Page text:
Children aged 8 and above joined from Bkaatouta, as well as other neighboring towns and villages, with a few accompanying parents and four amazing volunteers (Elie Akiki, Julie Lebnann, Takla Khoueiry, Graziella Nakad).

Nine pine trees with tall, thin, brown trunks and green leaves, at a mid distance from the camera, in a semicircle. A group of children is sat under the trees and two adults are speaking to them.

We started our activities in a beautiful location under a set of pine trees that offered the perfect shady spot for everyone. A 6-page brochure was passed out to the participants including a colorful timeline and explanation of each of the planned activities. Takla, a Lebanon Mountain Trail Association staff member and experienced education officer, started the first introductory task by asking the kids to link the first letter of their name with a historical feature in Lebanon. This was followed by an interactive explanation of the world timeline with a focus on Lebanon starting with prehistory up until the 20th century. Next, the children split into four groups and each group was named after a historical figure (Fakhr El-Dine, Julius Caesar, Tut-Ankh-Amun, and Bechara El-Khoury) and told the others about the importance of this figure with reference to the region.

Group (three children and one adult) using archaeological tools to excavate a circular object in a mock archaeological trench. Everyone is wearing a hat.

Following this, the children were taken to another neighboring spot, where they spent an hour and a half excavating in a 2 x 2 sqm fake digging trench prepared the day before and filled with sand and earth. The children began a fully focused search for hidden archaeological artefacts such as pottery sherds, ‘gems’, flint tools and stone building blocks, using trowels, brushes and small cleaning utensils to unveil their discoveries. This turned out to be the highlight of the weekend!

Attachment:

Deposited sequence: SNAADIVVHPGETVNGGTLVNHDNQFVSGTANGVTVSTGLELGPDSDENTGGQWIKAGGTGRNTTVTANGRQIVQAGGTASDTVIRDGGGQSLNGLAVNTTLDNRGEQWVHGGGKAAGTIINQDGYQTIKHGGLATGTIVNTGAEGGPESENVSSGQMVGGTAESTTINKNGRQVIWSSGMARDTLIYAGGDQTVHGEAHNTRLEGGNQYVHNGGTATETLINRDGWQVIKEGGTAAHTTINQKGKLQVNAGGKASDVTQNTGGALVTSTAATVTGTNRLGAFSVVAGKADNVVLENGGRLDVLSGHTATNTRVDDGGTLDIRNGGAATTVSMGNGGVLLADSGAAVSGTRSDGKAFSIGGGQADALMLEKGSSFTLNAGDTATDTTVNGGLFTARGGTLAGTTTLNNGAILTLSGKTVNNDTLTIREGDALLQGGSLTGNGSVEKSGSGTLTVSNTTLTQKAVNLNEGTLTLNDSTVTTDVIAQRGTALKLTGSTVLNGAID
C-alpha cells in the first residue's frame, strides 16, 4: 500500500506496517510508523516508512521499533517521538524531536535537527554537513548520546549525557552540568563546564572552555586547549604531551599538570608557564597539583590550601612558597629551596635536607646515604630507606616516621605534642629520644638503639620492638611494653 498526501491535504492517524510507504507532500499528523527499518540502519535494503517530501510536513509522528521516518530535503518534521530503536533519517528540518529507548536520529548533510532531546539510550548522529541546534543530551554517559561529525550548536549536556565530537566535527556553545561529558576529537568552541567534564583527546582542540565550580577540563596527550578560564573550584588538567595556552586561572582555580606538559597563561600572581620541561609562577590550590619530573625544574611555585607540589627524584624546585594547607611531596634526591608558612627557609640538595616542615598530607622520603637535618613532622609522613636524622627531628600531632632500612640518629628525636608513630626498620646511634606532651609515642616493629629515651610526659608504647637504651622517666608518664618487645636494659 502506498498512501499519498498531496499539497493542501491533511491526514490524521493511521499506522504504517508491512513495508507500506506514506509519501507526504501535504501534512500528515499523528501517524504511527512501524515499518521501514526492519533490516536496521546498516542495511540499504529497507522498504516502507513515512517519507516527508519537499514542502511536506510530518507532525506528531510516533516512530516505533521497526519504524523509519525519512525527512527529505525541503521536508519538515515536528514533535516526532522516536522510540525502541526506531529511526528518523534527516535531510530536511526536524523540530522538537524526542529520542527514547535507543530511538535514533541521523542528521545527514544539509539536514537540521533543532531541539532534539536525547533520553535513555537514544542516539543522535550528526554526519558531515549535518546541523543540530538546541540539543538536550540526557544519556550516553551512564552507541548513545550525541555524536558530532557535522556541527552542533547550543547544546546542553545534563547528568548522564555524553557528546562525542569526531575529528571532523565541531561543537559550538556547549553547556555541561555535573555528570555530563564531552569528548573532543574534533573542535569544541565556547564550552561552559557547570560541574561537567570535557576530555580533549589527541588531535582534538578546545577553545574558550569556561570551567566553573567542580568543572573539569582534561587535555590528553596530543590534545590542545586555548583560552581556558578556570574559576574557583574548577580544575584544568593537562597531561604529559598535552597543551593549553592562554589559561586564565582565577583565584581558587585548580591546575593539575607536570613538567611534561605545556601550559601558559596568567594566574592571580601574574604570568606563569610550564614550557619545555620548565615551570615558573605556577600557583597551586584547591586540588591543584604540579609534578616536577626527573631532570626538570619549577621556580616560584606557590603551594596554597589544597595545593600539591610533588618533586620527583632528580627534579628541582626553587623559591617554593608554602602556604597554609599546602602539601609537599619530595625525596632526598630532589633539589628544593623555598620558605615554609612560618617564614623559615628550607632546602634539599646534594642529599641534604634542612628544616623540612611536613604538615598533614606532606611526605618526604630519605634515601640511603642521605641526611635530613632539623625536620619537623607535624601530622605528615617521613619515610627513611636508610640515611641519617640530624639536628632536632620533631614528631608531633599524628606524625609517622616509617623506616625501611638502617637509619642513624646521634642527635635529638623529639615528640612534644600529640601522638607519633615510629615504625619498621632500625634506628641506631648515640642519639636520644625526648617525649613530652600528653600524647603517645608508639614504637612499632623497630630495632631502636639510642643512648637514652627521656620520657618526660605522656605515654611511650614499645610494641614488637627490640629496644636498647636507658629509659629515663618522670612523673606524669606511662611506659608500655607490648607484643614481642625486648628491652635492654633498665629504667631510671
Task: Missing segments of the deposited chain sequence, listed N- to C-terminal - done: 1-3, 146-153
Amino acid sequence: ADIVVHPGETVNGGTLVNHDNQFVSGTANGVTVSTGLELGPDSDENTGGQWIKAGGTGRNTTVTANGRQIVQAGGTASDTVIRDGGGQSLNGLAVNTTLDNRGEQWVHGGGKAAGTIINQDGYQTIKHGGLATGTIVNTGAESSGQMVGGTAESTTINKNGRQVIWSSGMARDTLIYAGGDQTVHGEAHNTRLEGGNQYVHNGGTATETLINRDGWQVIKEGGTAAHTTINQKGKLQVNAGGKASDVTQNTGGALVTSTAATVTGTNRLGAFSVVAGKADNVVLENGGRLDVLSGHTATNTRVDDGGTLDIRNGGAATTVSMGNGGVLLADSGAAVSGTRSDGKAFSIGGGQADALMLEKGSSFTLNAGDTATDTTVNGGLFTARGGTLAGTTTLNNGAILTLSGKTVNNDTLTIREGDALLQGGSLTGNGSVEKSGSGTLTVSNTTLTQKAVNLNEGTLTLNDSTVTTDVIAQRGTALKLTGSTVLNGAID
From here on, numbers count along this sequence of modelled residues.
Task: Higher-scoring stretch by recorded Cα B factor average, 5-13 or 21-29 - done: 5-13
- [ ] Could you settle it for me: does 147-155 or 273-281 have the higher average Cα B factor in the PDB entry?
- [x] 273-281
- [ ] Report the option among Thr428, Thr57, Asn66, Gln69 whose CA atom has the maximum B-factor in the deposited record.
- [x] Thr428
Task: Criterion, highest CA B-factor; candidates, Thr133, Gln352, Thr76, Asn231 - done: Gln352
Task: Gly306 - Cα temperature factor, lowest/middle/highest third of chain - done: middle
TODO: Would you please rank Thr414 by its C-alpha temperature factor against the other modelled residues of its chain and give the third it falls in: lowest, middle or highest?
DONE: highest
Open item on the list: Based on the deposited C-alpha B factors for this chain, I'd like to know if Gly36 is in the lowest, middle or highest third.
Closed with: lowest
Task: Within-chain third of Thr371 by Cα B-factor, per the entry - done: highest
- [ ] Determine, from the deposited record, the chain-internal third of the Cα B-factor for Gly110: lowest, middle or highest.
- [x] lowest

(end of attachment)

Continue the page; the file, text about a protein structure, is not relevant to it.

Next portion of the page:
Four children's hands using archaeological tools to dig up and broken pot in a fake archaeological trench.

After placing each item in separate bags, the children were asked to stick the ceramic sherds together, which resulted in three complete jars and one plate previously broken purposefully for this task. Graziella, a young freshly graduated archaeologist, and Julie, an LMT project manager watched over the kids and assisted them, as they delicately worked their way through the puzzle of sherds. They were taught how to recognize the historical identity of each sherd and the importance of displaying them in museums as public property for everyone to enjoy. Later in the afternoon, the kids were taught how to write their name in Phoenician letters with Elie, another volunteer and passionate archaeologist from neighboring Kfardebian who is working for the Directorate General of Antiquities.

A terracotta pot that was broken into pieces is partly stuck back together with glue. A hand can be seen holding a piece of the pot that is yet to be stuck back on to the pot, another hand can be seen holding a yellow tube of glue.

During the 2nd day, we had an afternoon hike along Bkaatouta’s heritage trail, which extends 2km between the wine press and two other Roman sites. Anthony Freyfer, a local guide, accompanied us. The children strolled around and identified pottery sherds on the ground surface, visited the tombs and learned about their identity and historical importance. By the end of the hike right before sunset, we  returned to the pine trees and felt an insatiable amount of satisfaction for the success of this project.

Group hiking in the hills of Bkaatouta. Yellow/brown rocky ground with a path going through it and large green shrubs dotted beside it. Green hills can be seen in the distance.

The team and I were so pleased with the results that we made a promise to one another to repeat this in other villages and towns in the future. The DGA encouraged us to implement this project in Beirut as well, inviting children traumatized by the devastating explosion of August 4th 2020 to participate in identifying and studying Beirut’s archaeological and built heritage, in order to appreciate and preserve it. This will hopefully be our next targeted project in October 2021, which we all look forward to enthusiastically!

Share this post